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Tuesday, August 11, 2020

Football

Mbu’s personality matches size


Senior defensive linemen Joey Mbu had 13 solo tackles last season and was s a force in the middle who constantly draws double teams and allows the linebackers and safeties behind him to make plays. Though Mbu is known for his sense of humor, he has grown into a veteran leader among the defense.  |  Photos by Jimmy Moreland/The Daily Cougar

Rising senior defensive linemen Joey Mbu had 13 solo tackles last season and was a force in the middle who constantly draws double teams and allows the linebackers and safeties behind him to make plays. Though Mbu is known for his sense of humor, he has grown into a veteran leader among the defense. |  Jimmy Moreland/The Daily Cougar

For Joey Mbu, who arrived on campus overweight and not highly recruited, UH was one of only four Football Bowl Subdivision scholarship options.

Like the countless offensive linemen he has shucked to the side like ragdolls, Mbu remained positive, never losing his jovial attitude and focused on tackling his obstacles. The rising senior defensive lineman dropped 42 pounds, going from 350 to 308 in the span of a semester, worked on his craft relentlessly and eventually reaped the rewards.

Last season, he was voted a team captain by his peers, started all 13 games and recorded 29 tackles for the second straight year, which led all UH defensive tackles.

For second-year head coach Tony Levine, Mbu is much more than a veteran locker room presence with an infectious personality — he is an NFL-level talent.

“Though it seems like he just got here, he’s become a leader for us in such a short amount of time. When you’re elected team captain by your peers after being here only four semesters, that speaks volumes about what his teammates think about him,” Levine said. He’s a man … who has great quickness for an athlete that size, uses outstanding technique and fundamentals and has great off-the-field work ethic. He’s a player who will have the opportunity to play this game a long time if he chooses to.”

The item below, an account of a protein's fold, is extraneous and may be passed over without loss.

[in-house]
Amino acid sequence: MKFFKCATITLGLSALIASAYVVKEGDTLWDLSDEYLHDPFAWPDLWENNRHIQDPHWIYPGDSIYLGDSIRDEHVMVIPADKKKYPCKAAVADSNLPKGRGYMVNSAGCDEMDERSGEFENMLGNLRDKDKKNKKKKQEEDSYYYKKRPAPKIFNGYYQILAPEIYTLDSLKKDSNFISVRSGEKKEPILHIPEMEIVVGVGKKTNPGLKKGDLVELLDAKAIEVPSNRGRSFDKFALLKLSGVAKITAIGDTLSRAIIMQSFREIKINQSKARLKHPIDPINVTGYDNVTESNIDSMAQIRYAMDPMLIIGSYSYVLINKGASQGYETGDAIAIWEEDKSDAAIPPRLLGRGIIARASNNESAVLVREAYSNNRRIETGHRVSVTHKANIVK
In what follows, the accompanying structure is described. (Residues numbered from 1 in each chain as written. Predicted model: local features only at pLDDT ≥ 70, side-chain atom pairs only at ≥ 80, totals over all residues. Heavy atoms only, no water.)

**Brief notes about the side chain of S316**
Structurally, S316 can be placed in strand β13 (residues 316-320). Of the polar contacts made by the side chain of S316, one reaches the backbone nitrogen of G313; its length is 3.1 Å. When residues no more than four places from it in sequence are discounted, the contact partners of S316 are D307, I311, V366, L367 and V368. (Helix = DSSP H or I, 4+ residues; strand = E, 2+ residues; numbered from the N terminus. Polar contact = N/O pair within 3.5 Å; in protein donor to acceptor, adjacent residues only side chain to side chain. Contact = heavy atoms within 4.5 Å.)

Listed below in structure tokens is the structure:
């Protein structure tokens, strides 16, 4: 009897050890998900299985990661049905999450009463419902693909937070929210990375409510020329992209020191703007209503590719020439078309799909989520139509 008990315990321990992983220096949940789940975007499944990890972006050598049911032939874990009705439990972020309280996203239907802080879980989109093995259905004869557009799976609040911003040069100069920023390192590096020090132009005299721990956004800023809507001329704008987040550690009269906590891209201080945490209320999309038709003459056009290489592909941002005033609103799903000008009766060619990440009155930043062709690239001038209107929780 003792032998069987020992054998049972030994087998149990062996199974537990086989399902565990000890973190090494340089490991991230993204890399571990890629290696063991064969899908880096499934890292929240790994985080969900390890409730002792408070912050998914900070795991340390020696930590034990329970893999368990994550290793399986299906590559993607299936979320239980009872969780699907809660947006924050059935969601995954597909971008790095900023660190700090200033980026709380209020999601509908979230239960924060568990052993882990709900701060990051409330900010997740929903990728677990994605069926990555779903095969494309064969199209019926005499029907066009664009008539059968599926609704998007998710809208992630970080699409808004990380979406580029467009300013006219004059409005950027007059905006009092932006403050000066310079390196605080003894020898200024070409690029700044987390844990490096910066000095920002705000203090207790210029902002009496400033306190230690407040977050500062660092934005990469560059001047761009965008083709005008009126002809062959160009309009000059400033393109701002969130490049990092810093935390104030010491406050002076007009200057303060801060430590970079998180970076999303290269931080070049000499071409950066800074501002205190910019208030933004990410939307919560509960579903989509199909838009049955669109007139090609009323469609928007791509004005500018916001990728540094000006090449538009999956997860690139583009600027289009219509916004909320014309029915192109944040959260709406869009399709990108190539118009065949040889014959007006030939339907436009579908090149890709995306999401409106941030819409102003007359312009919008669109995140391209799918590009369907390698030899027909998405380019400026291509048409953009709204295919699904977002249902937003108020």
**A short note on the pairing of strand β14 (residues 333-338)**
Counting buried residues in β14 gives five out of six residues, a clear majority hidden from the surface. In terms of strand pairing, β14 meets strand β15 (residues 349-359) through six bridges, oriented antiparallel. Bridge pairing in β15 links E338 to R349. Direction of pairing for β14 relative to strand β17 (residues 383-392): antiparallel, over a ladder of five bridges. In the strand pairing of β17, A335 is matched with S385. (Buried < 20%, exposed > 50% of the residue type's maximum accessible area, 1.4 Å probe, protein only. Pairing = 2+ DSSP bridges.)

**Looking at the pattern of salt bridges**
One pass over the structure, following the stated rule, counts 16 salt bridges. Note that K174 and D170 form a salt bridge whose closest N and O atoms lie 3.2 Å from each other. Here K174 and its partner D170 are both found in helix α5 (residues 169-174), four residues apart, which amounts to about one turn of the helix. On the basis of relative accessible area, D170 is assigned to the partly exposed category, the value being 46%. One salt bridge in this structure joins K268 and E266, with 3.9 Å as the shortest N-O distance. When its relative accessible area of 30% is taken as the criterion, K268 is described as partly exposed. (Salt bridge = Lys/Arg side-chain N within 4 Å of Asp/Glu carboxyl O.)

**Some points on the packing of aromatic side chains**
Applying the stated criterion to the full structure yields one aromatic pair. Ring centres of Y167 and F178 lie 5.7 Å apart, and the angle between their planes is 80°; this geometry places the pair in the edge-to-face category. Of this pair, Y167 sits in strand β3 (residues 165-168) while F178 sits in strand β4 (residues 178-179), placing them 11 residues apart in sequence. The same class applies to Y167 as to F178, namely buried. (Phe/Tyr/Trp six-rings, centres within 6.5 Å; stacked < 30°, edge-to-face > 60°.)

Qualities like technique and fundamentals are predicated on one rule of physics – leverage. Another and better-known player that uses leverage to his advantage is Pittsburgh’s Aaron Donald. Donald is projected as a first-round draft pick, while NFL draft scout has Mbu going in the later rounds. Mbu could be a draft steal to an NFL team that realizes the importance of the combination of character and raw talent.

One of differences between the players is a unique ability to notice offensive shifts, one that redshirt sophomore Cameron Malveaux said is Mbu’s advantage. Noticing changes in offensive sets allows defenses to exploit weaknesses in the offensive line.

“Joey can read very well,” Malveaux said. “His D-line IQ is really high. He reads screens, has a quick first step and it comes together real fast for him. It allows him to be versatile as a pass rusher and a run stuffer.”

All signs point to Mbu being voted as a captain for a second time.  And true to his uniquely charismatic nature, Mbu laughed it off.

“On the field I’m really rude,” Mbu said. “I wouldn’t say dirty, but I get under your skin more that I normally would. Off the field, with my teammates, I like to joke around and be comedic,” he said. “It makes me accessible to the younger players. I understand when to be serious. I have a switch and I know how to turn it on.”

This article originally stated that Joey Mbu had only one FBS scholarship offer. In fact, he had four offers by the time he graduated.  

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